Joe, Eliot and Anthony
I was invited recently to a breakfast gathering for Joseph Lhota, the likely Republican nominee for New York City Mayor.
Now, before any regular readers think I was forcibly detained prior and made to drink some dark-arts potion made from kudzu, Texas mesquite and ground Palmetto bugs, I freely confess I went willingly. I wanted to hear what “Joe” (according to his literature, regular guy, father was a cop, first one in his family to go to college, then transformed into rich, successful, powerful Republican) had to say.
I did this for three reasons. The first is that I am simply a junkie for politics, at any level. The second is that I really believe that if you aren’t willing to listen to what the other side has to say, you might actually be missing something. And the third is that I live here. New York is my town, and it makes a huge difference to me how it is run. So, I very much care about who the next Mayor is.
People who live outside New York tend not to understand us. We are a heaving, hot, opinionated, pushy, sometimes appallingly indifferent, sometimes overwhelmingly generous sprawling mess of greatness. We clearly repel a great many; a close friend has such an animus to the place that he routinely, when referring to any other city, will use “compares favorably to New York” as a suffix. I fully expect him to say “Kabul? Compares favorably with New York.”
Democrats outnumber Republicans by a six to one margin, and the City Council is completely dominated by Democrats, but we are also hardheaded and practical. When it comes to the person at the top of the ticket, we will listen to anyone who has good ideas and seems to have a clue as to how to run the show. The last elected Democrat was David Dinkins (nice man, not a good mayor) who succeeded Ed Koch twenty years ago. We had Rudy, and now we have Mike. Rudy stormed in and, like Hercules, cleaned the Augean Stables. Then, he was reelected, and indulged himself in power and other vices. Bloomberg, on the whole, has done a fine job, albeit with some missteps and some third-term excesses. Personally, I have appreciated Bloomberg’s abilities.
So, why Joe? I listened to him carefully; he was calm, he was rational, he was organized, he was very knowledgeable, and he had a very clever rhetorical trick of turning questions into opportunities to show that knowledge. He was also quite emotionally intelligent; even in a room of deep-pocketed and influential people clearly ready to write a check, he knew there were certain hot buttons you don’t push. We may be more than willing to cross party lines if we think the city will run better, but not for Rick Santorum or Wayne LaPierre.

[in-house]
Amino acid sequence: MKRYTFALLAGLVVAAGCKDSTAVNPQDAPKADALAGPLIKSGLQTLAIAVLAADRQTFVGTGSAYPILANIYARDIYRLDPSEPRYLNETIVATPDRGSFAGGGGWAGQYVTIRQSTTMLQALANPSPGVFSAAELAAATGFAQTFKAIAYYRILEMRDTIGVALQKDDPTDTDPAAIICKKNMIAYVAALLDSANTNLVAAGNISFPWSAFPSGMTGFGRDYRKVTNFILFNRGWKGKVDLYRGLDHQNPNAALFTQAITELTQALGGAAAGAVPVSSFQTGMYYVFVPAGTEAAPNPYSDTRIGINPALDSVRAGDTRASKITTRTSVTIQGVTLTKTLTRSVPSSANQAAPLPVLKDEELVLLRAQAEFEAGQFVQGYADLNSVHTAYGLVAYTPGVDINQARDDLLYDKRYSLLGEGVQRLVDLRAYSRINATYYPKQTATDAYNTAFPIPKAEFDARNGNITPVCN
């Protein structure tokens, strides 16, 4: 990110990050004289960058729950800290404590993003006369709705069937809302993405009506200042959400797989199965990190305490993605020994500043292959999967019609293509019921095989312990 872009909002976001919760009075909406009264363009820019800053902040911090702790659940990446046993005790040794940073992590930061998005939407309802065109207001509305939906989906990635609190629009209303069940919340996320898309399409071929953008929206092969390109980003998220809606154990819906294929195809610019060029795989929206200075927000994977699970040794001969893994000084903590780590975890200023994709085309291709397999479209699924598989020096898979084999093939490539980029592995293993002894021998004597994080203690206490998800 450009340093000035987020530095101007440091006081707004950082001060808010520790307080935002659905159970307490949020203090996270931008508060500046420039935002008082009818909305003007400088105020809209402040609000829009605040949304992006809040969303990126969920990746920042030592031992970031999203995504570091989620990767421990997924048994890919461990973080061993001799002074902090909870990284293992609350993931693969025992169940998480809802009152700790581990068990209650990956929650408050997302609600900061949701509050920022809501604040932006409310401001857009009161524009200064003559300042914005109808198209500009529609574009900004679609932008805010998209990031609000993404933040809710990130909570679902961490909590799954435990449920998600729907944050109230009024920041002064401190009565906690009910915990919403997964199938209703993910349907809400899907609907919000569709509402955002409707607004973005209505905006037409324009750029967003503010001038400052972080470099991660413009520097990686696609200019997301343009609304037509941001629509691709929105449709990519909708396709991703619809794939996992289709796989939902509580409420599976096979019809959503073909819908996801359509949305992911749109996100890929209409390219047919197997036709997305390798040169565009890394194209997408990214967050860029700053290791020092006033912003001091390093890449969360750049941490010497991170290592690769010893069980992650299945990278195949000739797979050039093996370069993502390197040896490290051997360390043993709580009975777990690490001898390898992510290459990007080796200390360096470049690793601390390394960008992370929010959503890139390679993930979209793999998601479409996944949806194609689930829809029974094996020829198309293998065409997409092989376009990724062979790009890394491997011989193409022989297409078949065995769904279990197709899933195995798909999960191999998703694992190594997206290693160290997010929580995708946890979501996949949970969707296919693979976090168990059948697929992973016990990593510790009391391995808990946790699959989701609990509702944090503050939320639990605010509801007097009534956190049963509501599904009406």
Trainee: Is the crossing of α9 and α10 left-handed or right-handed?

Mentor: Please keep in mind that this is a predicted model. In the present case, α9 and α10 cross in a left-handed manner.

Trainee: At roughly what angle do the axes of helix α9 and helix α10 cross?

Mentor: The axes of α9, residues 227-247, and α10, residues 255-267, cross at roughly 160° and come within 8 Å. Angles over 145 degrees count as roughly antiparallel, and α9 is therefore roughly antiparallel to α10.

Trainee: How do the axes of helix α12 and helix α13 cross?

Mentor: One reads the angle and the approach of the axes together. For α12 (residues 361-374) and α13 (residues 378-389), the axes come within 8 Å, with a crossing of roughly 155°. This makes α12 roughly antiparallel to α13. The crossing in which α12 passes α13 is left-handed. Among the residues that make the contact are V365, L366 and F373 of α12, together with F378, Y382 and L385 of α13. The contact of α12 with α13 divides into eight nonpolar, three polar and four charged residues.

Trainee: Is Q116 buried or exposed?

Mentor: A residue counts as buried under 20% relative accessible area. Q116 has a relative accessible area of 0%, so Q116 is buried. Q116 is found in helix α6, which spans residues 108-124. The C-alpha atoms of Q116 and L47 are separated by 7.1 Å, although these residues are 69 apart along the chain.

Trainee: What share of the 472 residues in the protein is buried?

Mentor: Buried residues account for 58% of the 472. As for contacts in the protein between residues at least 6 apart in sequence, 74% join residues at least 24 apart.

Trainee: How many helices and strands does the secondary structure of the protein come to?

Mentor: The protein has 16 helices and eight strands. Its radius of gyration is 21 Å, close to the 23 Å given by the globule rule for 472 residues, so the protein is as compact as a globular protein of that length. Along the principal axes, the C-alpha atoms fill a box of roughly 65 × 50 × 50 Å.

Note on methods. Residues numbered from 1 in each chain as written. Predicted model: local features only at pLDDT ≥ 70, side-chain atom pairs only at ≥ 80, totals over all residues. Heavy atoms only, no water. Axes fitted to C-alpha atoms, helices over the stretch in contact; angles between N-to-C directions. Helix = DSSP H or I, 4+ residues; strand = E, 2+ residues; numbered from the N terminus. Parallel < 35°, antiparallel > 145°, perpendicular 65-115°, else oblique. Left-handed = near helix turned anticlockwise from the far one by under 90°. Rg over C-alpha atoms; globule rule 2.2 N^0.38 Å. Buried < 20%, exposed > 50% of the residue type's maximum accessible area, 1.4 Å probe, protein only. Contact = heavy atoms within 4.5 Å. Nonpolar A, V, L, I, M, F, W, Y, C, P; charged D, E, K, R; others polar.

Of course, no discussion of Joe is complete without one of his Democratic opponents, and he has picked a very opportune time to run. This year’s group is particularly nondescript. There is the well meaning-but-dull Bill Thompson, and the knowledgeable-but-often ham-fisted Council Speaker, Christine Quinn, and seemingly competent-but-bland Sal Albano, and tightly wound (and perhaps scandal-tinged) City Comptroller, John Liu, and the voluble but profoundly old-fashioned Public Advocate (a job that doesn’t have a lot of responsibilities or authority) Bill DeBlasio. Each one of these folk has the endorsement of one public union or another. We also used to be the diligent Manhattan Borough President Scott Stringer (more about him later) but he pulled out, and with the blessings of his mates, is now running for City Comptroller.
With apologies to all those worthies, there was a certain lack of, shall we say, sex appeal. Now, don’t get me wrong. New York has had its glamorous Mayors, like John Lindsay, but most of the time, we pick them a little ehhhh. Joe Lohta himself bears an unsettling resemblance to the late actor Peter Boyle. But, this is New York. We are people of substance here. A Bob McDonnell type just wouldn’t fly. We aren’t hiring someone who looks like a host of Fox and Friends.
Still, faced with the well meaning but dull (which, if you think about it, describes a very large percentage of Democratic politicians nationwide) it’s quite possible that Joe’s hulking presence could send shivers down the leg of an Upper East Side doyenne.